--Mark

  4. #4
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    Protecting your camera

    Hey all....I've been slowly sucked into the world of photography via my blog and just recently took another leap and have ordered a Canon T1i.......relax playa hatters, I did not use my unemployment money (that would take a lot of unemployment). I used airline miles which were set to expire.

    My question: How do some of you protect your glass when riding? My primary concern is dust. Thanks in advance for your beta.

  5. #5
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    For storage, a large zip lock baggie would work or you can use a small Dry Bag like they use for Kayaking.

  6. #6
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    I went with the Panasonic Lumix DMC-TS3 ruggedized camera so that I wouldn't have to worry about that...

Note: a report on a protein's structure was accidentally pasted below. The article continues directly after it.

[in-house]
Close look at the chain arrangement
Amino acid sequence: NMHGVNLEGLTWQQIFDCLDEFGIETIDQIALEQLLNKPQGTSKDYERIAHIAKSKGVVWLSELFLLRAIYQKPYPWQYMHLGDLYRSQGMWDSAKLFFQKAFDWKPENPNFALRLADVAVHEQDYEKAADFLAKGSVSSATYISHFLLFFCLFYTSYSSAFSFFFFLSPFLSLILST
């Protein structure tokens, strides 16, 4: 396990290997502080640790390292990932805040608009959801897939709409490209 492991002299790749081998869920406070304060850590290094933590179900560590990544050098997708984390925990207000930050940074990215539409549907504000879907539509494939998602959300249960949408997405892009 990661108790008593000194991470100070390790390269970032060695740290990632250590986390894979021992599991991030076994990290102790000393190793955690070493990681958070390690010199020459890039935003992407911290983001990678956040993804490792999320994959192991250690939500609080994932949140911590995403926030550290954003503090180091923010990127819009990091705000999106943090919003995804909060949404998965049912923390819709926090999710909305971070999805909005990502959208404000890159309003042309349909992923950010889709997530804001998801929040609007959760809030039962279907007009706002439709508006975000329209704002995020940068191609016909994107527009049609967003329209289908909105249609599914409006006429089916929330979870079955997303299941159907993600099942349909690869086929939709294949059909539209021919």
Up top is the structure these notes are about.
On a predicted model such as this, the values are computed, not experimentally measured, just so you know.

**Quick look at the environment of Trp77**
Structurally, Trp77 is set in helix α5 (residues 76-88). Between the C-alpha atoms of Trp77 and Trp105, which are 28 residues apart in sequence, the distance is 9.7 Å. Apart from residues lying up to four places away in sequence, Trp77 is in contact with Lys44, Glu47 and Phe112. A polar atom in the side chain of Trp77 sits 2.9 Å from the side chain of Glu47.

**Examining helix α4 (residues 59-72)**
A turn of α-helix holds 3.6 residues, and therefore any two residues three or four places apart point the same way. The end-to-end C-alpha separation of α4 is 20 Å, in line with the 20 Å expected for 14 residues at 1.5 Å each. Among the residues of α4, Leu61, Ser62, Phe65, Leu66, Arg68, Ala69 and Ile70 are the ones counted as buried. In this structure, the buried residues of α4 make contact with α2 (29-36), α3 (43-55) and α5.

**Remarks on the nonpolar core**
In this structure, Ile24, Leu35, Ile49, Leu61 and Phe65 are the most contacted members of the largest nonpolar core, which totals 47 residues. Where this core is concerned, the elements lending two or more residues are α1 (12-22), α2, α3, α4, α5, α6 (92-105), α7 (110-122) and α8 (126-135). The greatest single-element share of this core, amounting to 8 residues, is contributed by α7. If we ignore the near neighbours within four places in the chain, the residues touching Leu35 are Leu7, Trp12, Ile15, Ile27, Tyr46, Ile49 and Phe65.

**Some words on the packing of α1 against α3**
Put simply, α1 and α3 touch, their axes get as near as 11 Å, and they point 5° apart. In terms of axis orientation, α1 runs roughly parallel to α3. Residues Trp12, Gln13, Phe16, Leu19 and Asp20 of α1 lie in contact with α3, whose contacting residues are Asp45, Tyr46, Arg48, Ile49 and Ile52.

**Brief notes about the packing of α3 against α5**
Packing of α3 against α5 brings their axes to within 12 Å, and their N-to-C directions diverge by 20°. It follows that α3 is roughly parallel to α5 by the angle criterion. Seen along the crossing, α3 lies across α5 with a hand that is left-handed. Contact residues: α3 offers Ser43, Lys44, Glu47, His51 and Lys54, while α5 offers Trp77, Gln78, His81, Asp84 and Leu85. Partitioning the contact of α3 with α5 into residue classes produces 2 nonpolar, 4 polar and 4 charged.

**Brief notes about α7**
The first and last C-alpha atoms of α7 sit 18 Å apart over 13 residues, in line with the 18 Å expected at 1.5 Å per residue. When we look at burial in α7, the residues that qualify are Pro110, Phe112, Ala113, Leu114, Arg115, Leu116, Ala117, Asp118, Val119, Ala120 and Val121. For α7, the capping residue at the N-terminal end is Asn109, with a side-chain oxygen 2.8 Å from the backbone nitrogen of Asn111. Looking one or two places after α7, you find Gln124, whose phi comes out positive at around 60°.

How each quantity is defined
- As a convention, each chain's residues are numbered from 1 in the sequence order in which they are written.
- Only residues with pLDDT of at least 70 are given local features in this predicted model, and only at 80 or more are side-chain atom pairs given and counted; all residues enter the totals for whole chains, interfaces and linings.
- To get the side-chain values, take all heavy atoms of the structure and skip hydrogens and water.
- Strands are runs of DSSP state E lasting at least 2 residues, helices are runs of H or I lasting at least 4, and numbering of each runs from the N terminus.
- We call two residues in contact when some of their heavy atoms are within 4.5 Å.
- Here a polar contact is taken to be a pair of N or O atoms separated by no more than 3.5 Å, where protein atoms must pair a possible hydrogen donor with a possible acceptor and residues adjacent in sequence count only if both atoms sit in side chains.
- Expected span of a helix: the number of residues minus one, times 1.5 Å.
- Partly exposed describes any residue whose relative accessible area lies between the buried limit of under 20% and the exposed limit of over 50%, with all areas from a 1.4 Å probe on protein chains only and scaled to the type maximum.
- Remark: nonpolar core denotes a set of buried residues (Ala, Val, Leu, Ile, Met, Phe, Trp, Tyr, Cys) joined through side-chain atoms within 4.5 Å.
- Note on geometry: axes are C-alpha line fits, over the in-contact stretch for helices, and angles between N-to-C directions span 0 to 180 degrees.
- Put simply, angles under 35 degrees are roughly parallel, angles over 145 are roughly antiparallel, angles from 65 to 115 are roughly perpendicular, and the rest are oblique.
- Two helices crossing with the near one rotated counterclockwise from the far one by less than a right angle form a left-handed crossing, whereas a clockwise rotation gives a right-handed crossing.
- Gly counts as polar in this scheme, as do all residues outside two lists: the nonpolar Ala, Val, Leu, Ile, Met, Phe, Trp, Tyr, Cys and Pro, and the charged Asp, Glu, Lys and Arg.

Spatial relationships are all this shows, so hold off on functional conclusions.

ONE SHOX, ONE GEAR, LOTS of FUN! www.TrailFu.com My Rides

  7. #7
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    Lens cap....

  8. #8
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    Get a polarized lens filter ... it helps with glare and also protects the lens

  9. #9
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    when I take my DLSR...I use a real camera bag (Lowpro) inside my Osprey. so the dust factor is dealt with by that bag. gives it a little extra cush. of course more weight, but that just makes you stronger.

    water worries me more. so I have a rain fly for my Osprey.....well need to modify one for it.
    b

  10. #10
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    Quote Originally Posted by brianc View Post
    water worries me more. so I have a rain fly for my Osprey.....well need to modify one for it.

    isn't there a rain cover in the bottom outside pocket. Took me over a year to re-remember I had one on my Osprey. I've never have used it yet...which is why I always forget.